About the speaker

Alice Tofts is final year collaborative doctoral programme student with Imperial War Museums and the University of Nottingham. She holds a BA in History and French from the University of Nottingham and a Masters in Museum Studies from University College London. Her research focuses on the Imperial War Museums’ collection of photographs from private collections of Holocaust survivors. Her research explores the myriad role of private photographs in both the familial and museum sphere: as historical objects, material and social objects, objects of enquiry, and memory objects. Her approach is multidisciplinary and draws on theory and methods from oral history, anthropology, visual culture, memory studies and museology

Virtual PhD and a Cup of Tea: ‘Talking with Images’: Private Photographs from the Imperial War Museums
13 October 2022 @ 1600--1700 
Book here:

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12201209262?profile=originalThe Photographers’ Gallery has announced that Shoair Mavlian has been appointed as its new Director. Currently Director at Photoworks, Shoair will take up the post in January 2023.

As Director of Photoworks Shoair leads the strategic vision and artistic direction of the organisation including exhibitions, biennial festival, commissions, learning and engagement, publishing and digital content. From 2011-2018 Shoair was Assistant Curator, Photography and International Art at Tate Modern, London, where she curated exhibitions including ‘Don McCullin’ (2019), ‘Shape of Light: 100 Years of Photography and Abstract Art’ (2018), ‘The Radical Eye: Modernist Photography from the Sir Elton John Collection’ (2016), ‘Conflict, Time, Photography’ (2014). While at Tate Modern she helped build the photography collection and curated collection displays enjoyed by over 5 million visitors per year.

Shoair was named in Apollo Magazine’s 40 under 40 Europe – Thinkers. She has a background in fine art photography practice and the history of photography focussing on the twentieth century, emerging contemporary practice, and work
related to conflict and memory.

The post was advertised earlier this year and the candidate specification noted: 'The ideal candidate will bring nuanced knowledge and experience of photography as a medium, and an understanding of constantly evolving and emerging forms of photography in a digital world. They will have a balance of creative and strategic mindsets, experience of successfully engaging diverse audiences, and a deep commitment to the values and ethos of the Gallery. In addition to this, candidates should bring an international outlook and an understanding of public cultural organisations, both within the UK and globally.'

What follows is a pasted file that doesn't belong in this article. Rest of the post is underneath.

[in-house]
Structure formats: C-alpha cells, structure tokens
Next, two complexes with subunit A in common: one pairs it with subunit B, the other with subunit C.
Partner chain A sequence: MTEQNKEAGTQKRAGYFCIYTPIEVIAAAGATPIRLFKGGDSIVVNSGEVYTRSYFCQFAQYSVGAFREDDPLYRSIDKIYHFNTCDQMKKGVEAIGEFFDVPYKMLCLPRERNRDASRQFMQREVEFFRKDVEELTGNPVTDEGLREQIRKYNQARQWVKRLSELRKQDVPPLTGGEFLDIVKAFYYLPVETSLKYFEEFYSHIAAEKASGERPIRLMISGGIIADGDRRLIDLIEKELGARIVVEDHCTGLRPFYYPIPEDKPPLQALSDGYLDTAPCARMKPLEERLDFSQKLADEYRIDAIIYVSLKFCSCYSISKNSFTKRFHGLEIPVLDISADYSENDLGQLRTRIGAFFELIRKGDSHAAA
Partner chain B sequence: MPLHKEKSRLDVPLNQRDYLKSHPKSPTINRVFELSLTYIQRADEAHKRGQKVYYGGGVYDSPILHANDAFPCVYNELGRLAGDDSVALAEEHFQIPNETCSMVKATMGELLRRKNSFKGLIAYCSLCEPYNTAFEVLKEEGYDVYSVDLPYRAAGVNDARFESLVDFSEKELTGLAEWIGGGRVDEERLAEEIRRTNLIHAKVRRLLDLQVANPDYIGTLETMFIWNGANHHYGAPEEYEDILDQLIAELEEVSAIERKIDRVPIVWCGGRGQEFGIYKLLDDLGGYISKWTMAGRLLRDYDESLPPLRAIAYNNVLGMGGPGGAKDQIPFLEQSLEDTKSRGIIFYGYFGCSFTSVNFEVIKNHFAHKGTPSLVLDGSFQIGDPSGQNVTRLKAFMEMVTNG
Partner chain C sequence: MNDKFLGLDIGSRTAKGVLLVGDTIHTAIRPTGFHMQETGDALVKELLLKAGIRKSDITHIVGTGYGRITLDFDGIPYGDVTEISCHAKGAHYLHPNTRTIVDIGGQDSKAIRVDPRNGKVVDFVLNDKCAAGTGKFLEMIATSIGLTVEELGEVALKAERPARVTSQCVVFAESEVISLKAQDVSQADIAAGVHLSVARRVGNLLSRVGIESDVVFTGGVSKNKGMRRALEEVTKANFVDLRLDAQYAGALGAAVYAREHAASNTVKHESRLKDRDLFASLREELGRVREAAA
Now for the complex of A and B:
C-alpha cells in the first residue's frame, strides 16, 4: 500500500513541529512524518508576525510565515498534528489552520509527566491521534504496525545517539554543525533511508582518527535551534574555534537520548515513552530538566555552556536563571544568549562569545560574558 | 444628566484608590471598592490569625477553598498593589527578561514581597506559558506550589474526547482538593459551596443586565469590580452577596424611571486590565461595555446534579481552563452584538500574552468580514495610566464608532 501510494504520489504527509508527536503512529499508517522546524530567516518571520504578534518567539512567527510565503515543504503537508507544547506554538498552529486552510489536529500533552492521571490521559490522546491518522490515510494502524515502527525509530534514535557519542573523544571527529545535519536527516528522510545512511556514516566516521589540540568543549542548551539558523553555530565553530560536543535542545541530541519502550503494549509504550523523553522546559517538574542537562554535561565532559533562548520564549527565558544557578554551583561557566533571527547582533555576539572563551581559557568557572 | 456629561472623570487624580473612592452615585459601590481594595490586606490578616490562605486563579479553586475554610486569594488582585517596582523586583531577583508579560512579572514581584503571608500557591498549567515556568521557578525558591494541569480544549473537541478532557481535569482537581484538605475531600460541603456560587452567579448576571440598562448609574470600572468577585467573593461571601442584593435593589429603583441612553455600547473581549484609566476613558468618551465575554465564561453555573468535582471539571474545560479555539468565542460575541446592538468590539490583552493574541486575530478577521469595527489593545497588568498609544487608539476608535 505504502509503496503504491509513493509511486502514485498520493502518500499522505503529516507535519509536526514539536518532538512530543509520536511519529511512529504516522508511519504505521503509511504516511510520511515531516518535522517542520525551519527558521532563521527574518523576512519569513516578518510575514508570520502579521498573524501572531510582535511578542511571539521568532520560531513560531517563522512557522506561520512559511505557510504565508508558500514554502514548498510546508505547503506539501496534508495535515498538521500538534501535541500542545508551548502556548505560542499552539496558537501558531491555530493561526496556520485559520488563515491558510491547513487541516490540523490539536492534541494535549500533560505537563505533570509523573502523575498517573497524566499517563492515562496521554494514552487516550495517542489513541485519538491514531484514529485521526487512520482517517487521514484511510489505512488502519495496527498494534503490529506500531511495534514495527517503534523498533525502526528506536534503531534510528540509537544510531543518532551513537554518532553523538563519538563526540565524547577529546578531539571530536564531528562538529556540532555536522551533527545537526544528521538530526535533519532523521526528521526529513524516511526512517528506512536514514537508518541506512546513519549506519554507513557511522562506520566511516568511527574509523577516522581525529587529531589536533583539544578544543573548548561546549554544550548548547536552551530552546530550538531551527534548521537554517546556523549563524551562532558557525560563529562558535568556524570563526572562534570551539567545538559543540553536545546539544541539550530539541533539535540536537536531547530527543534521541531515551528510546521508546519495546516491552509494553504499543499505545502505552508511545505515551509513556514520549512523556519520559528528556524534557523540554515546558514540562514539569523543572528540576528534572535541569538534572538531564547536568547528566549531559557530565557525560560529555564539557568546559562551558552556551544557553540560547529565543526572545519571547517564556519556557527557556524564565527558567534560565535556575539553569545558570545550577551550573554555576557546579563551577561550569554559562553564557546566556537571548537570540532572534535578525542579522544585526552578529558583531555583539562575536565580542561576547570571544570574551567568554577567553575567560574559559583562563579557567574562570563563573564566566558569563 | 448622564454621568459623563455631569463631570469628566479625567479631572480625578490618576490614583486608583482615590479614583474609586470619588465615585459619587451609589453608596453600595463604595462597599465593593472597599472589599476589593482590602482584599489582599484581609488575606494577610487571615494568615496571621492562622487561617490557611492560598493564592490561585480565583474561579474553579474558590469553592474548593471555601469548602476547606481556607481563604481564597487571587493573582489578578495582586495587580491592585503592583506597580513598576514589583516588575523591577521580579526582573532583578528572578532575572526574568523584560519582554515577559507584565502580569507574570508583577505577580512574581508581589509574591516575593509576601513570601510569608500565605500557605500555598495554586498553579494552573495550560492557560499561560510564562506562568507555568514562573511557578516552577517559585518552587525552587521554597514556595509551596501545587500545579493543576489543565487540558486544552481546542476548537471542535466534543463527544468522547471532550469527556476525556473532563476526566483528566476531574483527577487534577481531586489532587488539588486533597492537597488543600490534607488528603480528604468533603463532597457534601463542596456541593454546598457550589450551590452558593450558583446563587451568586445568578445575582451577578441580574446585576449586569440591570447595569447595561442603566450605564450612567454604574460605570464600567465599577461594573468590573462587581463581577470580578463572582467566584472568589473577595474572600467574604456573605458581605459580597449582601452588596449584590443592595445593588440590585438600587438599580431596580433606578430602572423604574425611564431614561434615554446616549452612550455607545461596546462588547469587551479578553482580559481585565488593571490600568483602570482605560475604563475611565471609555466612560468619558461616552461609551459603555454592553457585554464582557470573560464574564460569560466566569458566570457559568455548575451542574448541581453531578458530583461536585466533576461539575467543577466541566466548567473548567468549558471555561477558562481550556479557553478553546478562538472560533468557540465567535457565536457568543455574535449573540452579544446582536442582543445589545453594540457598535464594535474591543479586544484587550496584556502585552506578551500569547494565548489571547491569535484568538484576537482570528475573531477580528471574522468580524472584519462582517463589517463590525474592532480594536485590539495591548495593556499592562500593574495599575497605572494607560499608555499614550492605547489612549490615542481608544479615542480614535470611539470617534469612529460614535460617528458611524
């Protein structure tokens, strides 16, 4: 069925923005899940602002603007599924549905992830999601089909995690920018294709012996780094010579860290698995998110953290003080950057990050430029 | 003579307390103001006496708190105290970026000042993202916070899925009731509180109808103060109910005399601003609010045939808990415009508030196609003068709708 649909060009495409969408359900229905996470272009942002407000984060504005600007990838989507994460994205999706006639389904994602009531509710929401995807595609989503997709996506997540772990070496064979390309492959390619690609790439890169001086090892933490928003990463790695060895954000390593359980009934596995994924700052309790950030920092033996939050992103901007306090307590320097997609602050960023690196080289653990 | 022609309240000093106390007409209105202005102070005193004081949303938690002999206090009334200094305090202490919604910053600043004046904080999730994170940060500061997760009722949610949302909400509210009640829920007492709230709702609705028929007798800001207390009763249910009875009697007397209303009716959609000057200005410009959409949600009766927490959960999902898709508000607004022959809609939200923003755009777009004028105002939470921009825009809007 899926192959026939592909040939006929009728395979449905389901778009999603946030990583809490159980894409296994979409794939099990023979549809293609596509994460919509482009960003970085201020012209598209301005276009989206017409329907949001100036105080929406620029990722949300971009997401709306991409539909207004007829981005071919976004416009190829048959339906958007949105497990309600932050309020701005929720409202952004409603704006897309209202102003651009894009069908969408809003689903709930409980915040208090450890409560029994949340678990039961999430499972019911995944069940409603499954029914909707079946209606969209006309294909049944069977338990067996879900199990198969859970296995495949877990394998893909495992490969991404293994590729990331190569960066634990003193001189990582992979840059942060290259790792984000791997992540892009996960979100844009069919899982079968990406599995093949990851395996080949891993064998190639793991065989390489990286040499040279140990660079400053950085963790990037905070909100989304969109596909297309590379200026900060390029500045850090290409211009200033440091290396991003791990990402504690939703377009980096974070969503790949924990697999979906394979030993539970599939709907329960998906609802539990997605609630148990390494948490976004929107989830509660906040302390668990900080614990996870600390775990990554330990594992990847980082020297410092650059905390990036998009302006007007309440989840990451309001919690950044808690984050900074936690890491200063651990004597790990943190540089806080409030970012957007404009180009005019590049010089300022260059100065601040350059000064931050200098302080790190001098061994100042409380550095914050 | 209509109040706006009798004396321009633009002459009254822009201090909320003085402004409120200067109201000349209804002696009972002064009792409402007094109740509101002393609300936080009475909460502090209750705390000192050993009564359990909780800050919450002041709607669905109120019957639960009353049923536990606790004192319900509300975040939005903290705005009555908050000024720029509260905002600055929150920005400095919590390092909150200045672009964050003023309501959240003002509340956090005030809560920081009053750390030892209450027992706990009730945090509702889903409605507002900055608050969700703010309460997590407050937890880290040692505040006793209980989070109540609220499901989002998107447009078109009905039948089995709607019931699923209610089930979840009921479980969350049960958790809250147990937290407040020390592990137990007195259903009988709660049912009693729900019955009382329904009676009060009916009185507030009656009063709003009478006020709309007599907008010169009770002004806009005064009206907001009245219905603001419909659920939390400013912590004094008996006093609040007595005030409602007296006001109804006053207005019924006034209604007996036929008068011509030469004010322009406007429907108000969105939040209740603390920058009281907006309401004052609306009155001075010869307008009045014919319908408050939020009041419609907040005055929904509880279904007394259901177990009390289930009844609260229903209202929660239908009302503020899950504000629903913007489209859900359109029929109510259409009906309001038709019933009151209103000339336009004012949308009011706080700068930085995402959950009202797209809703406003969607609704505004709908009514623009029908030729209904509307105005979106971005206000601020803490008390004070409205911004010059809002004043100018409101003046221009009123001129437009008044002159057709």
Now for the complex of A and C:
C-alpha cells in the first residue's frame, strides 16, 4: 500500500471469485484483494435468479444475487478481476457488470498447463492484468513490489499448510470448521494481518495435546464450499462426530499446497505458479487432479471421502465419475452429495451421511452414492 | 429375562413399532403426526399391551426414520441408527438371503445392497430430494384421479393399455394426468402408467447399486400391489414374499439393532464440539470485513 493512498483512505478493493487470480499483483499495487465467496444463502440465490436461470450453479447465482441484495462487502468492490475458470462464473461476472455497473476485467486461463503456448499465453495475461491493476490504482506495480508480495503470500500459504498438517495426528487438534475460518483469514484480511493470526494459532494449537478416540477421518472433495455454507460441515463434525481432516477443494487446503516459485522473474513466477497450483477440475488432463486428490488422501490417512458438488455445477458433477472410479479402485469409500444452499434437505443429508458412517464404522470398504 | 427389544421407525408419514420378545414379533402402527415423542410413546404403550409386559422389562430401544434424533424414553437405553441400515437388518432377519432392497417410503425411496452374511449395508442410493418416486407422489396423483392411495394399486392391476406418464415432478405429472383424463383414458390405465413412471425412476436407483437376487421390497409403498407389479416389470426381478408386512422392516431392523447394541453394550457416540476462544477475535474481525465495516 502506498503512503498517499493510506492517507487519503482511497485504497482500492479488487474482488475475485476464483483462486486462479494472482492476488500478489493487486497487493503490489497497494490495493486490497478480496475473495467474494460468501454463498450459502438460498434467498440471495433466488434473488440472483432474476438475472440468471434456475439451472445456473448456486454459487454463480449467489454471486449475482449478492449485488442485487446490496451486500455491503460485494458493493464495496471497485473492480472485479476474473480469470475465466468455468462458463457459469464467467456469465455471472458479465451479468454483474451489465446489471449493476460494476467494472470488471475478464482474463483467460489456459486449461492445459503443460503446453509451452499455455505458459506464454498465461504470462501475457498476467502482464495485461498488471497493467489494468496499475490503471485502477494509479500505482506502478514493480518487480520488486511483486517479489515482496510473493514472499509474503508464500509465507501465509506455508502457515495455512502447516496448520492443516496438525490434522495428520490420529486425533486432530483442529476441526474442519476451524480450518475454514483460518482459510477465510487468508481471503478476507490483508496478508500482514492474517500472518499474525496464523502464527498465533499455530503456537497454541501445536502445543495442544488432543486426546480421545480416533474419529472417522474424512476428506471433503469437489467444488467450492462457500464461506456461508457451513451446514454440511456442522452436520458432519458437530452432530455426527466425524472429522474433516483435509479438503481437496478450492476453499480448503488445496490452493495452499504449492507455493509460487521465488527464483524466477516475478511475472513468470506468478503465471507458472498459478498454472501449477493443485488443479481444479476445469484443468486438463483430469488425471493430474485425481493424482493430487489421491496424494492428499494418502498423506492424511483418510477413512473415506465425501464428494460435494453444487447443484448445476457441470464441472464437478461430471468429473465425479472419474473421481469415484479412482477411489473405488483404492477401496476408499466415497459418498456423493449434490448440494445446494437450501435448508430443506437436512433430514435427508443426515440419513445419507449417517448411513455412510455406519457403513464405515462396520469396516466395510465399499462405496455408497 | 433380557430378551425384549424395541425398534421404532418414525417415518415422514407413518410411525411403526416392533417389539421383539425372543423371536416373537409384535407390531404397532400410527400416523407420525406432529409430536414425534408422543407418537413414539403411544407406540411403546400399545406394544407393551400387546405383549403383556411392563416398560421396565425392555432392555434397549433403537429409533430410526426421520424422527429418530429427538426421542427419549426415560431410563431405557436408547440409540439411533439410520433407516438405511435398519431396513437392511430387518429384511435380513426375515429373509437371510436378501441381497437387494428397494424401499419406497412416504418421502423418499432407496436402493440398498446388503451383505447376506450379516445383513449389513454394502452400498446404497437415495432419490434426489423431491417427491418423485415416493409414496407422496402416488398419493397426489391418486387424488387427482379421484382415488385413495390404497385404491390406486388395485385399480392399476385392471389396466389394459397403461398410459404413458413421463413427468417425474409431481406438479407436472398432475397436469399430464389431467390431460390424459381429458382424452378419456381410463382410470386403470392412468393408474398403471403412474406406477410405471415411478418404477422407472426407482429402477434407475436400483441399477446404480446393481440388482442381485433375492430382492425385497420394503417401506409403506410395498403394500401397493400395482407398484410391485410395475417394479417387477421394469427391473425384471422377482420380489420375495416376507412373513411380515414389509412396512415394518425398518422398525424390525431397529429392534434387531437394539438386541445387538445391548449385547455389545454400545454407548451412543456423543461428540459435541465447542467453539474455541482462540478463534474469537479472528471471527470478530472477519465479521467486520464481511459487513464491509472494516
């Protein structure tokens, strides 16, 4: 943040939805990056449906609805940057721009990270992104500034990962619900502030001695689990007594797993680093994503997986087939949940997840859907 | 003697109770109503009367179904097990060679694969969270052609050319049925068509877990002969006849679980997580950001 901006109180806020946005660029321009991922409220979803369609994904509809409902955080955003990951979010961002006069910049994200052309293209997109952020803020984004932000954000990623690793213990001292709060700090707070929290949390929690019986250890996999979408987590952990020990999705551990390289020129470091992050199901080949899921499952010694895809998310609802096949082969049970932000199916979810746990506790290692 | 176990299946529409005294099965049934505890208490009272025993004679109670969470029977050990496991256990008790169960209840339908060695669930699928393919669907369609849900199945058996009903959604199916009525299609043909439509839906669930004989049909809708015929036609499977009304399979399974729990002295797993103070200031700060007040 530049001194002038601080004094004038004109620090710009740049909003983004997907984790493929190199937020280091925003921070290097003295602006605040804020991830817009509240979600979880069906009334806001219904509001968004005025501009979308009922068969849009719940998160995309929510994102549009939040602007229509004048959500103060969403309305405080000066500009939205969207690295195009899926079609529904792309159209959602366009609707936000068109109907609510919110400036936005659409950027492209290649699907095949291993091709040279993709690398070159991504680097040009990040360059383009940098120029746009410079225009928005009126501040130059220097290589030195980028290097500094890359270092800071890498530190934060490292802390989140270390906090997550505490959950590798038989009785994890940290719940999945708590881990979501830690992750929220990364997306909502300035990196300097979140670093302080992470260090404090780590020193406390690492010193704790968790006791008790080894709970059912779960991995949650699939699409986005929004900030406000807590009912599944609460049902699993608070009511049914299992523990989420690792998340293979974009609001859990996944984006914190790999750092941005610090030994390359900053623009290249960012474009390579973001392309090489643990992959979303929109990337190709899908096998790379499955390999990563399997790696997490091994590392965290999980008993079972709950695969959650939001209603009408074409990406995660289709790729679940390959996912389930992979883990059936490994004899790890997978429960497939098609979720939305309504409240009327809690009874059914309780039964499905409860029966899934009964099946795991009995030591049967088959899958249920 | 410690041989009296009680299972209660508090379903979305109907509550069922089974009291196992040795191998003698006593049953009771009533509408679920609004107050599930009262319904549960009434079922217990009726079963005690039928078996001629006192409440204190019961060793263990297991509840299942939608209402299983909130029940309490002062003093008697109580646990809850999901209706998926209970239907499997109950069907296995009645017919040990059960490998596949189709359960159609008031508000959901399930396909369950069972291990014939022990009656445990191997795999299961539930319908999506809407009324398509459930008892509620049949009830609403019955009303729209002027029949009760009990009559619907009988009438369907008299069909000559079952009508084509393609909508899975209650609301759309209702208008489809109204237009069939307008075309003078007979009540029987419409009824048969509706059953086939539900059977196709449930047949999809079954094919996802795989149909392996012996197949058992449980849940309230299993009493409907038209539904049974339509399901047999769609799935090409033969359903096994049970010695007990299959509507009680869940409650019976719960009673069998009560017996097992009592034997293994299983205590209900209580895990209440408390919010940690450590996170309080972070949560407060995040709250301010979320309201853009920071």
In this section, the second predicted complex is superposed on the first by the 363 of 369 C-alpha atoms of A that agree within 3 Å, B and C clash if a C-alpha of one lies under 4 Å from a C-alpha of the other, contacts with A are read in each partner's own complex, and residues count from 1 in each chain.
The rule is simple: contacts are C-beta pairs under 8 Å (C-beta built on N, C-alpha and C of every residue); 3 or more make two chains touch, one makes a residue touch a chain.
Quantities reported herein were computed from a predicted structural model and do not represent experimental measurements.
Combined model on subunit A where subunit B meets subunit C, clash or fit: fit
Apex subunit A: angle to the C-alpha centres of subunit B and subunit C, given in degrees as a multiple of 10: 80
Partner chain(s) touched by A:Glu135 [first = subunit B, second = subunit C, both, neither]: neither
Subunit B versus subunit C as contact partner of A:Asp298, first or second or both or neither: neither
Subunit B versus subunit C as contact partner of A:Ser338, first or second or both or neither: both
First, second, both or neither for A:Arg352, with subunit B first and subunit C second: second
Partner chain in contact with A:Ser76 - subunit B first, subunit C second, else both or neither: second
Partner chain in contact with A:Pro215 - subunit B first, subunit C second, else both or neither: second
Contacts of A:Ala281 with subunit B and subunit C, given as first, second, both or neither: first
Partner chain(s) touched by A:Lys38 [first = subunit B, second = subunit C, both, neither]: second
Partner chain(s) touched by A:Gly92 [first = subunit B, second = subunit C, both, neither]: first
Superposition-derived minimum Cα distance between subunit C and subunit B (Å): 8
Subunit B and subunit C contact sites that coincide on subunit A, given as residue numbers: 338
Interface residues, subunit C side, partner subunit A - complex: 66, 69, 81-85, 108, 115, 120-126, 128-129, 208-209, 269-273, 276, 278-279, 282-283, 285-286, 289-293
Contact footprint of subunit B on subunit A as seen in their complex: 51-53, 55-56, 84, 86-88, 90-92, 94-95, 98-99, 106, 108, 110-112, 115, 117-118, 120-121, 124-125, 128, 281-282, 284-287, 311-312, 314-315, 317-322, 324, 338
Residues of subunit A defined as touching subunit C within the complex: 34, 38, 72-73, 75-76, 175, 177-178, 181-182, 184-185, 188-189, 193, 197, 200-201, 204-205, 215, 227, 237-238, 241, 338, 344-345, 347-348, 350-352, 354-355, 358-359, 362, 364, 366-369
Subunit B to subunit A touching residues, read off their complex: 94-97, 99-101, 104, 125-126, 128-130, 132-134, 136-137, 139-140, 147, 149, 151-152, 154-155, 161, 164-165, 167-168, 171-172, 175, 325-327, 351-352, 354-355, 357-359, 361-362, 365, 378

Matthew Stephenson, Chair of Trustees, The Photographers’ Gallery said: “On behalf of the Board of Trustees, I’m thrilled that Shoair Mavlian will lead The Photographers’ Gallery in its next chapter. As Director of Photoworks, Shoair has shown her commitment to commissioning new work, opening up photography to new audiences and activating debate about the power and relevance of photography today. This valuable experience coupled with an ambitious vision for the future of TPG, will ensure the Gallery continues to showcase the very best of international photography and inspire future generations. I have no doubt that Shoair will bring passion and drive to lead TPG and build on the exceptional legacy of departing Director Brett Rogers. In her 16 years leading TPG, Brett has tirelessly championed photography for all and made TPG one of the most dynamic, relevant and exciting cultural spaces in London today.”

Shoair Mavlian said: “The Photographers’ Gallery is a much-loved cornerstone for the photography community locally and internationally, I’m thrilled to be stepping into this role at a pivotal moment in the organisation’s history, having just celebrated its 50th anniversary. I look forward to working with the trustees and team to develop the important legacies of the directors before me, building a welcoming and inclusive home for photography and photographers in London for everyone to enjoy.

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12201202298?profile=originalPerdendosi is a collaborative work by photographer Norman McBeath with Edmund de Waal. This publication which includes de Waal's text Twelve Leaves was launched recently at the London Review of Books bookshop.